Former Browns center JC Tretter retires, will stay on as NFLPA president
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Former Cleveland Browns center JC Tretter on Thursday announced his retirement after nine years in the NFL.
Tretter, 31, released a statement on social media saying he was making good on the promise he made to himself in college to retire “on my own terms,” adding that he plans to continue on in his role as president of the NFL Players Association.
“I am proud of what I’ve accomplished and how far I’ve come from that night when I made the pledge to myself. I feel like if my 31-year-old self could talk to my 20-year-old self, I could earnestly tell him that we did it. We did everything we said we’d do and more,” he wrote, in part.
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“My time on the field may be over, but I’m not stepping away from football. I'm looking forward to doubling down on my work as NFLPA President and pushing for more progress on behalf of the great players of our game, past, present, and future.”
Tretter was drafted by the Green Bay Packers in the fourth round of the 2013 NFL Draft, where he played for three seasons before signing with Browns in 2017. He signed a contract extension in 2019 but was released in March.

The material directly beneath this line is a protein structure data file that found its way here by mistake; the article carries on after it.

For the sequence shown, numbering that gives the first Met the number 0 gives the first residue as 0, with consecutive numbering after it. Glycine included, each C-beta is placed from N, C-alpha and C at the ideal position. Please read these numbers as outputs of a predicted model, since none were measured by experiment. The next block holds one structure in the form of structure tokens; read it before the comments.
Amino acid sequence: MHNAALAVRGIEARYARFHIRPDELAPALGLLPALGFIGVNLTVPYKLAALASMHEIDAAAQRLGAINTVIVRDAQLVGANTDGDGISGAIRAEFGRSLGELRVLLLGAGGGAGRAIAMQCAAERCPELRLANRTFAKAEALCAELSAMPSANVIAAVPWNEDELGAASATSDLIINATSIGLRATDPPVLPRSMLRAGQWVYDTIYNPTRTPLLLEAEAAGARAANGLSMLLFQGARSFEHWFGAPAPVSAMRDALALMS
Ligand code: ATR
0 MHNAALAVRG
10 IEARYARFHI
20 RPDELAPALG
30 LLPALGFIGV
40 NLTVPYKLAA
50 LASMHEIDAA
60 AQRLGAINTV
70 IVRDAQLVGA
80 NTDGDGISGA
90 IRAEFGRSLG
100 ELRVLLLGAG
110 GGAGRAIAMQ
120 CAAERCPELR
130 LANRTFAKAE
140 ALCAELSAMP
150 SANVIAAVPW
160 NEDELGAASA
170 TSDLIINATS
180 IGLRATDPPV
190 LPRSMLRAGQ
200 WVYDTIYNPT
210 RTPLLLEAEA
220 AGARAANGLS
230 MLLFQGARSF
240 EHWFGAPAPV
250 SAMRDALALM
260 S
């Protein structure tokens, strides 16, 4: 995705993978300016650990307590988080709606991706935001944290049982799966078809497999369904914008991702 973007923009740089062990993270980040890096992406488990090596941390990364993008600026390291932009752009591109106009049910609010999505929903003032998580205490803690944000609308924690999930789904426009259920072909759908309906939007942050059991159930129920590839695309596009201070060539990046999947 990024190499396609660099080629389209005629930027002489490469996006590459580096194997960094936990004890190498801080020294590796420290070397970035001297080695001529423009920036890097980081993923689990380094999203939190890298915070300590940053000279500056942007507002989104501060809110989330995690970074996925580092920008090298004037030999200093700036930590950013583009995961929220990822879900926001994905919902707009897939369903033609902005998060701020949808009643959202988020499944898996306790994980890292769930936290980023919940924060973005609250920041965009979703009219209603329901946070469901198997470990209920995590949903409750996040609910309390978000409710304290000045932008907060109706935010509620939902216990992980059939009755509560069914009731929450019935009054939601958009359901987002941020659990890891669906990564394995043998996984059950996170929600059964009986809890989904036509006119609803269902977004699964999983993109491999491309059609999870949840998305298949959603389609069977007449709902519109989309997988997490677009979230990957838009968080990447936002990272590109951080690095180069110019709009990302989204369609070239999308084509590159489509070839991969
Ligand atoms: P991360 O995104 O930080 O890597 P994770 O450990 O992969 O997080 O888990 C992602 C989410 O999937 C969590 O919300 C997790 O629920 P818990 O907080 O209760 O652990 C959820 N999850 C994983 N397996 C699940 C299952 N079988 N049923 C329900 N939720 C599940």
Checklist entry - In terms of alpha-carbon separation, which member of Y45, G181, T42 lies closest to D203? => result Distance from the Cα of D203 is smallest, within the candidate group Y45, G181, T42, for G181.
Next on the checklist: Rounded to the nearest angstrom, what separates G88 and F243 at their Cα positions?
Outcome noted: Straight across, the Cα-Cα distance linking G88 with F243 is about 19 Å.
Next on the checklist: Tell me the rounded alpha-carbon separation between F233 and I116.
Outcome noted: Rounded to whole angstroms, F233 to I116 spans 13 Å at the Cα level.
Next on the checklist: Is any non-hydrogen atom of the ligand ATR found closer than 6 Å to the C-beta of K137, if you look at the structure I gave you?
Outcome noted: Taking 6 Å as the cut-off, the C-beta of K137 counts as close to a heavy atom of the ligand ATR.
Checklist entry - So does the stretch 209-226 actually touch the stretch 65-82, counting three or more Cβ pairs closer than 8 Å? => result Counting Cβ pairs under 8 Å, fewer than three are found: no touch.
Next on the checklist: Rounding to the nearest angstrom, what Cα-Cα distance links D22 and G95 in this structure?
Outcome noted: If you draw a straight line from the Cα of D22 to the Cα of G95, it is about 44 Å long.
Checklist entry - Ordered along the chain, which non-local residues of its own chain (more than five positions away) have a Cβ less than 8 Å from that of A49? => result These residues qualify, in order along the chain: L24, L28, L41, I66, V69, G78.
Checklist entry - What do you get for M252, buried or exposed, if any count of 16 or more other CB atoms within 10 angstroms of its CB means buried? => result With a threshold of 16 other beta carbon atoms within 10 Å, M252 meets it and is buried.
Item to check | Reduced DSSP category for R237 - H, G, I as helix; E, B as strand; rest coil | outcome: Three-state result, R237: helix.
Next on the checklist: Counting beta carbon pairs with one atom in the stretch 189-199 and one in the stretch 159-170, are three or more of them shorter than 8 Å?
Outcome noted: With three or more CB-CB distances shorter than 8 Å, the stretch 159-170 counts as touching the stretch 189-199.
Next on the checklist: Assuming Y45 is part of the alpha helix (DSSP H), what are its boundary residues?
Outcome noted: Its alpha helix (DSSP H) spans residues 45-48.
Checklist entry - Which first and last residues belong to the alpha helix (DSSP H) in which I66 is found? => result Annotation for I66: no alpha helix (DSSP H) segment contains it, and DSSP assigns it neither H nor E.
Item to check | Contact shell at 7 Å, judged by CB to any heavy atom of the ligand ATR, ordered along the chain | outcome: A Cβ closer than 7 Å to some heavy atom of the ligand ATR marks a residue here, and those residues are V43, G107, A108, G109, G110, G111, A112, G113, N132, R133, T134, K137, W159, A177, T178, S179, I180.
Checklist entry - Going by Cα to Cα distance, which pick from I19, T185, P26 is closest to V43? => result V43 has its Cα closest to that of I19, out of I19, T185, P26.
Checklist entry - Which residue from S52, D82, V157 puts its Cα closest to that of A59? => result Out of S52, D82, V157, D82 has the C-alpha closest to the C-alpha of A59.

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Tretter was instrumental in setting up team COVID-19 protocols and helping the league navigate pandemic-related challenges during the 2020 season.
In an interview with Sports Illustrated published Thursday morning, Tretter spoke about his ongoing knee issues last season and seemingly suggested that it wasn’t the status of his injury that would keep him sidelined.
“Guys would be like, ‘Oh, like how are your knees doing?’” Tretter recalled in his interview with the outlet. “And I always said, ‘My NFLPA job is gonna end my career well before my knees end my career.’”
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After becoming a free agent, Tretter said no teams he was potentially interested in playing for expressed the desire to add him to their roster, despite a salary request “well below the value I bring.”
While his career on the field may be over, Tretter remains positive about continuing on in his role as NFLPA president.
“I would argue I'm going to accomplish more in the next 18 months than I would have ever gotten close to playing football during that time,” he said.
“I’m very excited about what’s next.”
The Associated Press contributed to this report.